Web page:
# Finding the value of a fraction

• songoku
In summary, the problem appears to be a degree 4 polynomial which is the product of two quadratics. Dropping the function notation one can write: ##K^4+4\cdot M^4 = \left(\left(K-M \right)^2+M^2\right)\left(\left( K+M \right)^2+M^2\right)##Use this directly in the original expression, recalling that ##324 = 4\cdot 3^4 ####\dfrac{(61^4 + 324)(73^4 + 324)(85^4 + 324)(97^4 + 324)}{(55^4
songoku
Homework Statement
Find:
$\frac{(61^4 + 324)(73^4 + 324)(85^4 + 324)(97^4 + 324)}{(55^4 + 324)(67^4 +324)(79^4 + 324)(91^4 + 324)}$
Relevant Equations
Not sure
I tried to do like this:

$\frac{((76 - 15)^4 + 324)((76 - 3)^4 + 324)((76 + 9)^4 + 324)((76 + 21)^4 + 324)}{((76 - 21)^4 + 324)((76 - 9)^4 + 324)((76 + 3)^4 + 324)((76 + 15)^4 + 324)}$

Then stucked

Thanks

Can you just use a calculator? Or even just multiply it out by hand and then use long division? Why are you factoring the terms with the ()^4 ? Maybe there is more to the problem statement?

songoku and YoungPhysicist
berkeman said:
Can you just use a calculator? Or even just multiply it out by hand and then use long division? Why are you factoring the terms with the ()^4 ? Maybe there is more to the problem statement?
Calculator is not allowed. I can try to do it by brute force, I am asking here whether there are some methods to do it without brute force.

No particular reason why I factor the terms with power of 4, I just think maybe I need to find some ways to simplify them because those power will result in big numbers.

Nothing more to the problem statement, I have posted everything. It is just one line question.

So the only way is brute force?

Thanks

How about if you figure out what is x if x**4 = 324 and see if that helps.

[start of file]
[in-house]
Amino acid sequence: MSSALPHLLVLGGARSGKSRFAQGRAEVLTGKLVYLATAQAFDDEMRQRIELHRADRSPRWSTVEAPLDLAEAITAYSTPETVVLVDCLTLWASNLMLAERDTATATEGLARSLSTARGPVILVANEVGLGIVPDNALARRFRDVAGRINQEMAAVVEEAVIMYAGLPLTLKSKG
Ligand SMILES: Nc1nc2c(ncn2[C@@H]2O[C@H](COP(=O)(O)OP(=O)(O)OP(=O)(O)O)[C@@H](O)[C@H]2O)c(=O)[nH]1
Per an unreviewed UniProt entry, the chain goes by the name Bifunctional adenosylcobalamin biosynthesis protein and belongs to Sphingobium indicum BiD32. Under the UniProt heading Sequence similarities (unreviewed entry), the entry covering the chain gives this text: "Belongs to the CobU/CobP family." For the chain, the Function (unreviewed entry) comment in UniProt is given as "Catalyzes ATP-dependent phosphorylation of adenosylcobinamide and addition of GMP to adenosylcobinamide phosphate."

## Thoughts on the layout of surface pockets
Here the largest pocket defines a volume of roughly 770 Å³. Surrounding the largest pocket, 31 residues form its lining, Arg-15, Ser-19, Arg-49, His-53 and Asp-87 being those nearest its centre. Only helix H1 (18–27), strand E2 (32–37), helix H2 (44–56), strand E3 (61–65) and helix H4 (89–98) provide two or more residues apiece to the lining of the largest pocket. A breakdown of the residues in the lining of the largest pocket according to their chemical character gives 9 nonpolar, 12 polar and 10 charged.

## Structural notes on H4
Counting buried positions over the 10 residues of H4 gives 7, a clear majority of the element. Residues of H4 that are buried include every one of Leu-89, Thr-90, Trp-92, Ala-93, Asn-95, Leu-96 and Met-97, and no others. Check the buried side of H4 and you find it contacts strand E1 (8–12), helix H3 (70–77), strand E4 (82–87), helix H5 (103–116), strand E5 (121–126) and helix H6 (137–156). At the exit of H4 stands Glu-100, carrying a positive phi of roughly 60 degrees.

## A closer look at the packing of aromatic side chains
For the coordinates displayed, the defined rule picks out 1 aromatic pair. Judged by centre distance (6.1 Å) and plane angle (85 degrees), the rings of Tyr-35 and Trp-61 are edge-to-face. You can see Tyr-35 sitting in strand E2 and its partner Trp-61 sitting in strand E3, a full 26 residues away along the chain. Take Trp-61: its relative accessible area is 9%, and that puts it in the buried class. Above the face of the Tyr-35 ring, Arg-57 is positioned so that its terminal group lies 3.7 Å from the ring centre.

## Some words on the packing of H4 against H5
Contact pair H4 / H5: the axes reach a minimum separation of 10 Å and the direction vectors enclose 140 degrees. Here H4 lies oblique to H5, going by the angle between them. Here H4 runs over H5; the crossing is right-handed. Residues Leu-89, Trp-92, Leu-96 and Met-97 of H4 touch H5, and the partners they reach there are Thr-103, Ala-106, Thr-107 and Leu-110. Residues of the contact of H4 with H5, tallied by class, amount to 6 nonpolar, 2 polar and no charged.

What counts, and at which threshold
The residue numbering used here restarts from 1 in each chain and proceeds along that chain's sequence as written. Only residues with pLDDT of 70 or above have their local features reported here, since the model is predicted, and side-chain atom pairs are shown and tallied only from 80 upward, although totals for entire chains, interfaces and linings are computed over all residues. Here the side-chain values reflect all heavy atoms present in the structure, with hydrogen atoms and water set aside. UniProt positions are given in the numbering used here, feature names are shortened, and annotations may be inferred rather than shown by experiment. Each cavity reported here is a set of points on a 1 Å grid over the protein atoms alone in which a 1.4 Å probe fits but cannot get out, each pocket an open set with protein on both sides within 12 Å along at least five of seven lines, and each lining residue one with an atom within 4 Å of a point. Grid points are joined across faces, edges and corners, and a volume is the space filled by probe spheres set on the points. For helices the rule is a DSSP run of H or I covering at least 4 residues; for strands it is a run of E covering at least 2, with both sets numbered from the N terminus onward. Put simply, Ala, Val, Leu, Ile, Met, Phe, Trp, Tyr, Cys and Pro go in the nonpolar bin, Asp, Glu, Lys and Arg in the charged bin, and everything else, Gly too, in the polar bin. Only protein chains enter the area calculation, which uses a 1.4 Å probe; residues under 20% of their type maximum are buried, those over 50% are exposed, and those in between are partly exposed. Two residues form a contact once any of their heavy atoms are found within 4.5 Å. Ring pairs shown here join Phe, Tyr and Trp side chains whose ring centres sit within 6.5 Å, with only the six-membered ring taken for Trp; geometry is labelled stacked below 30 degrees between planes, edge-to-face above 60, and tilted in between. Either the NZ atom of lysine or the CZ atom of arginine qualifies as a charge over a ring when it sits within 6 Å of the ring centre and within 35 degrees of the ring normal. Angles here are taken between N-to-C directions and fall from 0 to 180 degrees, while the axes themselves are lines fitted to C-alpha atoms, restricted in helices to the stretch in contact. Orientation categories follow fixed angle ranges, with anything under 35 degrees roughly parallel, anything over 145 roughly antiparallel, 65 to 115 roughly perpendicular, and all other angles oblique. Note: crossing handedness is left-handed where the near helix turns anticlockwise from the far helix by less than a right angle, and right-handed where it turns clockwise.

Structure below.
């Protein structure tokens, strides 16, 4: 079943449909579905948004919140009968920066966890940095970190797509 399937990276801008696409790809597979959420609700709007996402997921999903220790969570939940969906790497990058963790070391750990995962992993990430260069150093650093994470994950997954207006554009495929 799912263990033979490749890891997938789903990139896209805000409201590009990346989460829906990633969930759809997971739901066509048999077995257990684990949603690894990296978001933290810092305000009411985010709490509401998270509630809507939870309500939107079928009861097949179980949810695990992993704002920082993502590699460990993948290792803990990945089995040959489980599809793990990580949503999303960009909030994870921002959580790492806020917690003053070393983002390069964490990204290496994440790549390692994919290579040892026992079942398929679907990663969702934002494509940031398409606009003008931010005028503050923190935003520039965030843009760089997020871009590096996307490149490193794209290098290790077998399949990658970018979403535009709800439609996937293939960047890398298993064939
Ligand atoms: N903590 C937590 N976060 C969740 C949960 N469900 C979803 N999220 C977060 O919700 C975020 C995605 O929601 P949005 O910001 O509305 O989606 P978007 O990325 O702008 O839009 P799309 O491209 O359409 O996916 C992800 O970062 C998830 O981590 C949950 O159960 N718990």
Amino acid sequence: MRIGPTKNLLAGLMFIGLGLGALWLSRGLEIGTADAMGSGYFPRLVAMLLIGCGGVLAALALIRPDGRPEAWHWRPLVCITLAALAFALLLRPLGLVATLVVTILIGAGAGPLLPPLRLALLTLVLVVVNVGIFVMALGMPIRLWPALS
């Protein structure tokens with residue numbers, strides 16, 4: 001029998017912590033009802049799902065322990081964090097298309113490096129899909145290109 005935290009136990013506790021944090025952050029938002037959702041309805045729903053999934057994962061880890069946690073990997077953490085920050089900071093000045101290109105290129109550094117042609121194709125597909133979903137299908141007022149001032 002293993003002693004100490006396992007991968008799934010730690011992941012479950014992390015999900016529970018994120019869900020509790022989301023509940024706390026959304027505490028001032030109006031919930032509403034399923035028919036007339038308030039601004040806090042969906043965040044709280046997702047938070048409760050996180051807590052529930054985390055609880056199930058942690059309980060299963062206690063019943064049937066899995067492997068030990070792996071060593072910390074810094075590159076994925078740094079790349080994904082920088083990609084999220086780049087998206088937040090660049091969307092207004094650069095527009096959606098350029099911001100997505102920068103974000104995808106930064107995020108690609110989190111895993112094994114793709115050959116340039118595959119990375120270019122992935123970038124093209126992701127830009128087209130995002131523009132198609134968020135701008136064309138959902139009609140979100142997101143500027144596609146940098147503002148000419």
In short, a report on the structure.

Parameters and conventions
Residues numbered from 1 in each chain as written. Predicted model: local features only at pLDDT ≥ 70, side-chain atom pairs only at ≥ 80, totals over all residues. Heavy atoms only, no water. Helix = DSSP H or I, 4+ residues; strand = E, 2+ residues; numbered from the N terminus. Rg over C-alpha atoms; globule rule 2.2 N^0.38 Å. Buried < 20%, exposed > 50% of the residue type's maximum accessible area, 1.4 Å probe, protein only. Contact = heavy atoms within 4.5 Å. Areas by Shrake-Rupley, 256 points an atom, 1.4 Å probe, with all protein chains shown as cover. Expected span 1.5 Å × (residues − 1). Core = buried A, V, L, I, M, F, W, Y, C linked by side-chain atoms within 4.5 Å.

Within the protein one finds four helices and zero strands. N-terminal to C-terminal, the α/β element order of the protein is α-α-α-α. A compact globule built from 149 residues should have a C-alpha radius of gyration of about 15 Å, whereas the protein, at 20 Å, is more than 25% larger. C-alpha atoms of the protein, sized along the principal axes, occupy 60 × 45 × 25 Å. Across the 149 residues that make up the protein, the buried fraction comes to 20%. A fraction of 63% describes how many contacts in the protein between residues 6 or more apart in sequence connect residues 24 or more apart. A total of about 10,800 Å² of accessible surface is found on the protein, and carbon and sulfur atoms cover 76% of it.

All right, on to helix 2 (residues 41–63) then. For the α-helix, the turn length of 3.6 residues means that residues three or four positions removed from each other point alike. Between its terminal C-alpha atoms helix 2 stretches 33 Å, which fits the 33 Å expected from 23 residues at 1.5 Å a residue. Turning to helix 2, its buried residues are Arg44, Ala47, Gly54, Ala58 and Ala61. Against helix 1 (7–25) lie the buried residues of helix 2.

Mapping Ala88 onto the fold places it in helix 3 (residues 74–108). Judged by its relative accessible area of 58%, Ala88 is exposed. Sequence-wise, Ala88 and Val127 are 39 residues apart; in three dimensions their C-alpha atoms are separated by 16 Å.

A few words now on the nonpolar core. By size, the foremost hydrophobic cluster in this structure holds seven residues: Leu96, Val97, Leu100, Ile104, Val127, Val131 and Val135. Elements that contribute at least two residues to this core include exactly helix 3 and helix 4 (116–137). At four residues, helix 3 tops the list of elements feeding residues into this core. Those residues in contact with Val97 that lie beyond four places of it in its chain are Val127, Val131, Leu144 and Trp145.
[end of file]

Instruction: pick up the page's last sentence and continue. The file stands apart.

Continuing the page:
songoku
Is there some context for this problem? What subject was being discussed where this problem appears?

songoku
songoku said:
Calculator is not allowed. I can try to do it by brute force, I am asking here whether there are some methods to do it without brute force.

No particular reason why I factor the terms with power of 4, I just think maybe I need to find some ways to simplify them because those power will result in big numbers.

Nothing more to the problem statement, I have posted everything. It is just one line question.

So the only way is brute force?

Thanks
No. You need not use brute force.

There is quite a bit of cancelling which occurs.

You seem to have noticed the sequence in the terms which are raised to the power 4. You have recognized that ##55 = 76-21\,, ~ 61 = 76-15\,, ~\dots , ~ 97=76+21 ## .
Those could be written using the expression ##76+6(n- \frac 1 2 ) ##. With this, n = −3 gives 55, n = −2 gives 61, ... ,
n = 4 gives 97 .

You may find it helpful to clean that up somewhat. An expression such as ##6n + 1 ## gives 55, 61, ... , 97 when n takes on the values 9, 10, ... , 16 respectively.

See if you can factor the degree 4 polynomial, ##(6n+1)^4+324##, as the product of two quadratics. (It may be helpful to substitute by using ##x## in place of ##6n##.)

songoku
phinds said:
How about if you figure out what is x if x**4 = 324 and see if that helps.
x4 = 22 . 34, so x = ± 3√2

FactChecker said:
Is there some context for this problem? What subject was being discussed where this problem appears?
The teacher said this is question from math competition (do not know what kind of competition) so I don't know which math chapters this question related to

SammyS said:
No. You need not use brute force.

There is quite a bit of cancelling which occurs.

You seem to have noticed the sequence in the terms which are raised to the power 4. You have recognized that ##55 = 76-21\,, ~ 61 = 76-15\,, ~\dots , ~ 97=76+21 ## .
Those could be written using the expression ##76+6(n- \frac 1 2 ) ##. With this, n = −3 gives 55, n = −2 gives 61, ... ,
n = 4 gives 97 .

You may find it helpful to clean that up somewhat. An expression such as ##6n + 1 ## gives 55, 61, ... , 97 when n takes on the values 9, 10, ... , 16 respectively.

See if you can factor the degree 4 polynomial, ##(6n+1)^4+324##, as the product of two quadratics. (It may be helpful to substitute by using ##x## in place of ##6n##.)
I get the hint